ISRO Mars Orbiter Mission (MOM) came in for a momentary scare on Monday, when routine procedure to check for all eventualities shut out the supply of fuel to the engine at the start of the fourth orbit raising manoeuvre. The moment, however, became an unintentional but successful demonstration of a technology that would prove critical to the mission’s success.
Later in the day, ISRO announced that it will perform a previously unscheduled supplementary orbit raising manoeuvre to bring the mission back on schedule.
The incident occurred when the Spacecraft Command Centre in Bangalore charged both the primary and back-up solenoid coils as part of routine procedures to check their functioning.
The solenoid valve, which controls the flow of liquid propellant to the main 440 Newton engine of the Mars Orbiter, shut down the fuel supply as a result of this. Both the primary and the redundancy coils had been fired separately with success previously, but failed to work together.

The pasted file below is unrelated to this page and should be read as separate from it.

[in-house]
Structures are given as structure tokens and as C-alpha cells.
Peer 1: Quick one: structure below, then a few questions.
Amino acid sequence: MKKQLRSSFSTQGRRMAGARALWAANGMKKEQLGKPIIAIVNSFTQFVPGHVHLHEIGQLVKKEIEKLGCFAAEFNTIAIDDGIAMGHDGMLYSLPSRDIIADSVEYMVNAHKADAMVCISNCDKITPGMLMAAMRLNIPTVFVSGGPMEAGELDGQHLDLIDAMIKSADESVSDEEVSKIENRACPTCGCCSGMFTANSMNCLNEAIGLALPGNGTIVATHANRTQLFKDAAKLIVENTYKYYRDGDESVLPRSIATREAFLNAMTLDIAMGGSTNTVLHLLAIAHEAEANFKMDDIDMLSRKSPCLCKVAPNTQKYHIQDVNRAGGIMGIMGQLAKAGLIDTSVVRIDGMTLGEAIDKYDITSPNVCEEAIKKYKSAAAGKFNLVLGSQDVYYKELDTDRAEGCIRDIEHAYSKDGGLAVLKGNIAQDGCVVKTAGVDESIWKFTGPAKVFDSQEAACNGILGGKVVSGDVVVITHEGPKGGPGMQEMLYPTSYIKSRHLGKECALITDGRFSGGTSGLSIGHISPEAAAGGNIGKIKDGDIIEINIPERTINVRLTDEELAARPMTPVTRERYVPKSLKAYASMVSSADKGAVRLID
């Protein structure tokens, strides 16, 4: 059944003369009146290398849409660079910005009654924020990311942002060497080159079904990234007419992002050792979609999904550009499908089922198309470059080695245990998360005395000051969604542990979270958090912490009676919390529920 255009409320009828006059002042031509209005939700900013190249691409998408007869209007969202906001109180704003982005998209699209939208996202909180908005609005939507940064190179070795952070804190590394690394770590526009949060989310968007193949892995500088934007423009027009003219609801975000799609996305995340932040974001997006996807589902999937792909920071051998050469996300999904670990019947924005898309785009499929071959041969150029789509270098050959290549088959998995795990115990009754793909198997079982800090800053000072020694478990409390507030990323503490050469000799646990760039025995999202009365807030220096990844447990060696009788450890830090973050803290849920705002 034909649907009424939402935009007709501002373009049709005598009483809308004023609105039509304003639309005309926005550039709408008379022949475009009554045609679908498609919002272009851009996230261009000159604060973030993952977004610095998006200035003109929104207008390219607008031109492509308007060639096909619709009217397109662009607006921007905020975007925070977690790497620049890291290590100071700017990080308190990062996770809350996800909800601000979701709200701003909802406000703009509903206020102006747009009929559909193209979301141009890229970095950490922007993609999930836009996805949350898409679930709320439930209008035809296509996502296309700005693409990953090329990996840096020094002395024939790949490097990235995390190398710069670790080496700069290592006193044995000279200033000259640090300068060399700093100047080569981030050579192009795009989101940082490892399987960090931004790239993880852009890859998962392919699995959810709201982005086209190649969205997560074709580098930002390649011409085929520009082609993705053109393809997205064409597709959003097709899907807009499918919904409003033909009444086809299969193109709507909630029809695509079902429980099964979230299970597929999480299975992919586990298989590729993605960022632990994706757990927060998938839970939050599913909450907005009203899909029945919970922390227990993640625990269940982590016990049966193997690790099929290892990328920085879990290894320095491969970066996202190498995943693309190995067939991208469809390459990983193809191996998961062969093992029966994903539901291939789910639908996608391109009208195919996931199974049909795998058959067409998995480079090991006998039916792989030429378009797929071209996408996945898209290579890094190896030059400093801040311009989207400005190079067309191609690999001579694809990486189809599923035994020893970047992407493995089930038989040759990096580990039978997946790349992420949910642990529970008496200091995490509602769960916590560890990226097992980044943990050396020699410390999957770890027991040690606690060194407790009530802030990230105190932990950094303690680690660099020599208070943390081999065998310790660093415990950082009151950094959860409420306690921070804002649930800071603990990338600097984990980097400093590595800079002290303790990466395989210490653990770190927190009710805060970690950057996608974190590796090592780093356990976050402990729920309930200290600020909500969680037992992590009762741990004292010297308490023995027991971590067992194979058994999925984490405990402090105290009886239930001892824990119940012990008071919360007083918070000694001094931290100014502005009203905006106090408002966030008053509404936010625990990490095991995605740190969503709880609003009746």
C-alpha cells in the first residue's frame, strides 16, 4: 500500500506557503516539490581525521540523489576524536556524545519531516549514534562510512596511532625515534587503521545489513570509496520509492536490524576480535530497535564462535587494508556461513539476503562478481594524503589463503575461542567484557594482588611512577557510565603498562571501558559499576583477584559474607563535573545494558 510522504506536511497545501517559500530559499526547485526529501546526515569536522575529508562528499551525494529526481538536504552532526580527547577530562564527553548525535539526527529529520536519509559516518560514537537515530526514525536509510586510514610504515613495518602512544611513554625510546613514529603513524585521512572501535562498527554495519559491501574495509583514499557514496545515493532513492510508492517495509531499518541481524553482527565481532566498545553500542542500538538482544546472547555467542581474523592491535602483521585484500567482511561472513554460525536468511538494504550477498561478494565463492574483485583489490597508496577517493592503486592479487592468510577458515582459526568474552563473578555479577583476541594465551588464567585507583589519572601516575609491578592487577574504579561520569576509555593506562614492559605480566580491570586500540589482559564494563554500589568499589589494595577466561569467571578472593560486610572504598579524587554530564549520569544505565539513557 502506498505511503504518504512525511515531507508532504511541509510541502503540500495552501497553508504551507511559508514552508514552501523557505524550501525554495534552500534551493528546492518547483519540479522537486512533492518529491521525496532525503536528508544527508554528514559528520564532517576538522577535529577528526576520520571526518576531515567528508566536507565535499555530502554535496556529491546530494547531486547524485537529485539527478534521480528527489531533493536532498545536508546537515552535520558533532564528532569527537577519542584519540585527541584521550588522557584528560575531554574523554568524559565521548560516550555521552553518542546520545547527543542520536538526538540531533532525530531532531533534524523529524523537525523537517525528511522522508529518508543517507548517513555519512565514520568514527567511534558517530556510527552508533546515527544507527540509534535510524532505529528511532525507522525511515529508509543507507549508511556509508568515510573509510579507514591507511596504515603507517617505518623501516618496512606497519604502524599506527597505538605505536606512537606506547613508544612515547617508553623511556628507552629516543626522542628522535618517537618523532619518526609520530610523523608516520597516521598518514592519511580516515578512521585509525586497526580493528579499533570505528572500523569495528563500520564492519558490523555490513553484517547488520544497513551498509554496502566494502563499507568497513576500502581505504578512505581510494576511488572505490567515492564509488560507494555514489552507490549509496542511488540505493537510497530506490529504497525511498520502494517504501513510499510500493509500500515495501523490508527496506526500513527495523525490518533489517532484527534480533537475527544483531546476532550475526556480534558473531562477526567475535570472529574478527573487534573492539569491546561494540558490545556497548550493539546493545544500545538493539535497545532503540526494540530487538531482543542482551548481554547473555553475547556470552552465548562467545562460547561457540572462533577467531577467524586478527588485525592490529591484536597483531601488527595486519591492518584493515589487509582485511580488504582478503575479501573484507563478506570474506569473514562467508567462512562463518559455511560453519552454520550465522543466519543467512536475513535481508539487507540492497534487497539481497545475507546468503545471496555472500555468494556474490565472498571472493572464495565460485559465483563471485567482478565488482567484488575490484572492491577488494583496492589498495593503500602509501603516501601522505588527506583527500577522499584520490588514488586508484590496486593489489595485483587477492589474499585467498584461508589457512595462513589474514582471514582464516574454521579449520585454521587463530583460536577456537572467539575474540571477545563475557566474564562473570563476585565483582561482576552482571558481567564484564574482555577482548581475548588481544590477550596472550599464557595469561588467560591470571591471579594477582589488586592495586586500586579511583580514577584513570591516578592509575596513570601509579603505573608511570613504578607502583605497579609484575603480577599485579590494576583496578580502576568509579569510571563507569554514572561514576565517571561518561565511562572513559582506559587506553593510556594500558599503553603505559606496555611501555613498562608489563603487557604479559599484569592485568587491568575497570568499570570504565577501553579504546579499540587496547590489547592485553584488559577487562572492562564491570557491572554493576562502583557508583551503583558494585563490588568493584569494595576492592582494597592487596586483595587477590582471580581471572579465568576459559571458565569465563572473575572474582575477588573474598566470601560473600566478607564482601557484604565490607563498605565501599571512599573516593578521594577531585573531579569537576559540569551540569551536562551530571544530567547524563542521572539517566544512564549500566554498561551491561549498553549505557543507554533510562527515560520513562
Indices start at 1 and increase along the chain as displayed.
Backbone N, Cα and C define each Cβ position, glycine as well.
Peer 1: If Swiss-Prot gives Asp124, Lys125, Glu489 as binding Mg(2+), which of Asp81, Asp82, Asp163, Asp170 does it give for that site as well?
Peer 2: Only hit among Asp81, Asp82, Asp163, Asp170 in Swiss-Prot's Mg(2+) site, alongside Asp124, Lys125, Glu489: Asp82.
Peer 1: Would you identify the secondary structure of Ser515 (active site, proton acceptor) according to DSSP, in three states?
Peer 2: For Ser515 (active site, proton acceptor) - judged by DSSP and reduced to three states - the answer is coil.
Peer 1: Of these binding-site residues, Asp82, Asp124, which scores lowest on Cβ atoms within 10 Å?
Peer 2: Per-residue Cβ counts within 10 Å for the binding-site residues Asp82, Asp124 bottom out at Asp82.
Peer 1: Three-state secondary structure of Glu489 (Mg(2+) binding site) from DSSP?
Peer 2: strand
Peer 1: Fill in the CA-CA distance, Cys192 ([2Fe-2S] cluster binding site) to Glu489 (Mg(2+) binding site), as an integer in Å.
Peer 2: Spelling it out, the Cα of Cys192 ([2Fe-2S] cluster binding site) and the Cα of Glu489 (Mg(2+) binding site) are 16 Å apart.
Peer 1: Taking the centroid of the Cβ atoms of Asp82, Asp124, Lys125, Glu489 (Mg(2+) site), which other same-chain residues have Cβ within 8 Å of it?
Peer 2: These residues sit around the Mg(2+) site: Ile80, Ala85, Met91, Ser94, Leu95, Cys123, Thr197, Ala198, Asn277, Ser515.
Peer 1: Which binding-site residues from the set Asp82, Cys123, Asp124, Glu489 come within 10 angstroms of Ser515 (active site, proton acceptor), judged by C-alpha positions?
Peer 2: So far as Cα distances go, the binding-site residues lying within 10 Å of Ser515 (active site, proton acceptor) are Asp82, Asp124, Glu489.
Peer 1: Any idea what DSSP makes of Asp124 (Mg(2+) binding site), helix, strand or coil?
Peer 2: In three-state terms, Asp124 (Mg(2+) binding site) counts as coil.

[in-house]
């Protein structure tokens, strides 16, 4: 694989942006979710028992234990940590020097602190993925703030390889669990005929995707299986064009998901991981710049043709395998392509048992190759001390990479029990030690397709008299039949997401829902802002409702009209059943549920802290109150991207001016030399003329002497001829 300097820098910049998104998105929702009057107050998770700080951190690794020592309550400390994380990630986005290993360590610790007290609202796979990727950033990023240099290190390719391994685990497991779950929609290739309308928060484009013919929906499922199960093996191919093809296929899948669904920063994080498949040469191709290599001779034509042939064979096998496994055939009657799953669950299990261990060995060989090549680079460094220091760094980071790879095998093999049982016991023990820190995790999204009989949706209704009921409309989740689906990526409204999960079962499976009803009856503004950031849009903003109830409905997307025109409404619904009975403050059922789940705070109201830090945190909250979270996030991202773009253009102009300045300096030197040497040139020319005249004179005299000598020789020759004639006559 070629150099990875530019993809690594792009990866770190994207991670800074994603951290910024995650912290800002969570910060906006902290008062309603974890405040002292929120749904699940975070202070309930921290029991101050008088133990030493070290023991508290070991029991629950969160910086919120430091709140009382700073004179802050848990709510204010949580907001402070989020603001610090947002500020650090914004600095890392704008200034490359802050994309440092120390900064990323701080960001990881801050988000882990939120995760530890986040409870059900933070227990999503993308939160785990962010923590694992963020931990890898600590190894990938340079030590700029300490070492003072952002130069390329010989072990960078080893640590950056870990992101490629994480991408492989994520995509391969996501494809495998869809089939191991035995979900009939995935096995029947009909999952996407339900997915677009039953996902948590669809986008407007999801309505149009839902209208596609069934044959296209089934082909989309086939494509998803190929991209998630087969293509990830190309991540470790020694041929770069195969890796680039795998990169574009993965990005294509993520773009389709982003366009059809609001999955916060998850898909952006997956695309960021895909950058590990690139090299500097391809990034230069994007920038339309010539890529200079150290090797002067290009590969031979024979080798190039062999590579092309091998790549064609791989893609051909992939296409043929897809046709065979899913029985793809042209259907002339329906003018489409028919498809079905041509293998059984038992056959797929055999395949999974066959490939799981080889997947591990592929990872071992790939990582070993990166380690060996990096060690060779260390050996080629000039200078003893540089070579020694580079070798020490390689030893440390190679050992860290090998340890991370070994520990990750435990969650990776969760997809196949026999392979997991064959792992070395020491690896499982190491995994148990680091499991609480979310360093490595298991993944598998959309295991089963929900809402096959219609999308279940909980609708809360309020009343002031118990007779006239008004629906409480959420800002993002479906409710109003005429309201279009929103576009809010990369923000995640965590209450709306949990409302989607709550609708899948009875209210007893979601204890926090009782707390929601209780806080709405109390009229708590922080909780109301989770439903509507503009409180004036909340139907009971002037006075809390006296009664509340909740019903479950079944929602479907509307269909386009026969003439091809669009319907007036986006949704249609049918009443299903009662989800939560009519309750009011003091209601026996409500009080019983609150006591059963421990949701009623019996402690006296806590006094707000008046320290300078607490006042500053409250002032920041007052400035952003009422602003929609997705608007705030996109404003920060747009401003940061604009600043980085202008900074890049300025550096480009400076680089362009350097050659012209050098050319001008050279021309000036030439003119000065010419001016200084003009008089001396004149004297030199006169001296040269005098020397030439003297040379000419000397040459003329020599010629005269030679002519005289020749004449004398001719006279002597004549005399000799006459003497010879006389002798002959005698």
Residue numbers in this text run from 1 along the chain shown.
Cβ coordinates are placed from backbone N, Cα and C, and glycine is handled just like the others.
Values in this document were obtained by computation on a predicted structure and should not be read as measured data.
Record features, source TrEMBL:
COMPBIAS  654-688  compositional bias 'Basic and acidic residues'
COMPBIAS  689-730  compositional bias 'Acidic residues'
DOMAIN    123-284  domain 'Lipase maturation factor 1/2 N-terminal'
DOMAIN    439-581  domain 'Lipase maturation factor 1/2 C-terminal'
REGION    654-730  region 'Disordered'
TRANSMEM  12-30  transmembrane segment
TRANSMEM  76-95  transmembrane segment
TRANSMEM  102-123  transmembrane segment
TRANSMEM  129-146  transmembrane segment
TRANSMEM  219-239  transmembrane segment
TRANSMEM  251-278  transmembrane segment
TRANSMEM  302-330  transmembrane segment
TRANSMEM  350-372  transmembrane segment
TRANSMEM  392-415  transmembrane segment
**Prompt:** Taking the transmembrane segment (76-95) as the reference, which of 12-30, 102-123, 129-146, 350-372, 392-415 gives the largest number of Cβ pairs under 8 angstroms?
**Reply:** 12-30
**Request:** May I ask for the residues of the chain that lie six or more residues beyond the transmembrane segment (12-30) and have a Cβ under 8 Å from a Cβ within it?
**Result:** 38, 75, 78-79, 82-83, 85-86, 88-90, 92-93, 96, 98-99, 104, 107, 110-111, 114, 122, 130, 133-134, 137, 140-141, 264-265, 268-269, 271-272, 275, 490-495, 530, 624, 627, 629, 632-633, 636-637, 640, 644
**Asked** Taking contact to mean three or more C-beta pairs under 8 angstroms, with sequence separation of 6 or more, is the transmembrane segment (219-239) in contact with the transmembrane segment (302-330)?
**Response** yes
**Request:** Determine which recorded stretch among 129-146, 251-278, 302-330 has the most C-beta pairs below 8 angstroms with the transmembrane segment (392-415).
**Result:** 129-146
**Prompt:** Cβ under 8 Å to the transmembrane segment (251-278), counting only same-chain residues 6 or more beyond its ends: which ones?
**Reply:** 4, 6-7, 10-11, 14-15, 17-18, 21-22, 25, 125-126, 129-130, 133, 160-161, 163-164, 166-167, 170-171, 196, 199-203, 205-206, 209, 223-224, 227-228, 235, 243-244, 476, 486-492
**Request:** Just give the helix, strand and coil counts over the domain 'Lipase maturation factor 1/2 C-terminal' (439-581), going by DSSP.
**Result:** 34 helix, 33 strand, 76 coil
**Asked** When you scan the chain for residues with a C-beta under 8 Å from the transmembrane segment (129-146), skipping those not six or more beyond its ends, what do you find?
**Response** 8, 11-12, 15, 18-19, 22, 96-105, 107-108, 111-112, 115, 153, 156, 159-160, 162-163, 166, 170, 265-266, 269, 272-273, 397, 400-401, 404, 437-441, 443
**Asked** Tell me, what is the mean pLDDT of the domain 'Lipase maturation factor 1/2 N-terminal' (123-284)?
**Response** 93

A supplementary operation has been planned for Tuesday morning in order to achieve the target. However, ISRO maintained that all systems were normal and that the Mars Orbiter Mission was on track.
In a statement, ISRO said the original operation planned to fire the engine to impart an incremental velocity of 130 metres per second. Instead, scientists restricted the velocity to 35 metres per second and achieved an apogee of 78,276 km. The Mars Orbiter’s autonomy is critical to its functioning on its way to Mars, thanks to the fact that the spacecraft may have to fend for itself as it waits for commands from the Spacecraft Command Centre to reach it over the vast distance.
ISRO chief K Radhakrishnan told a news channel in Delhi the spacecraft encountered “a problem” during a specific redundancy test, and that the spacecraft “failed to reach the desired velocity”.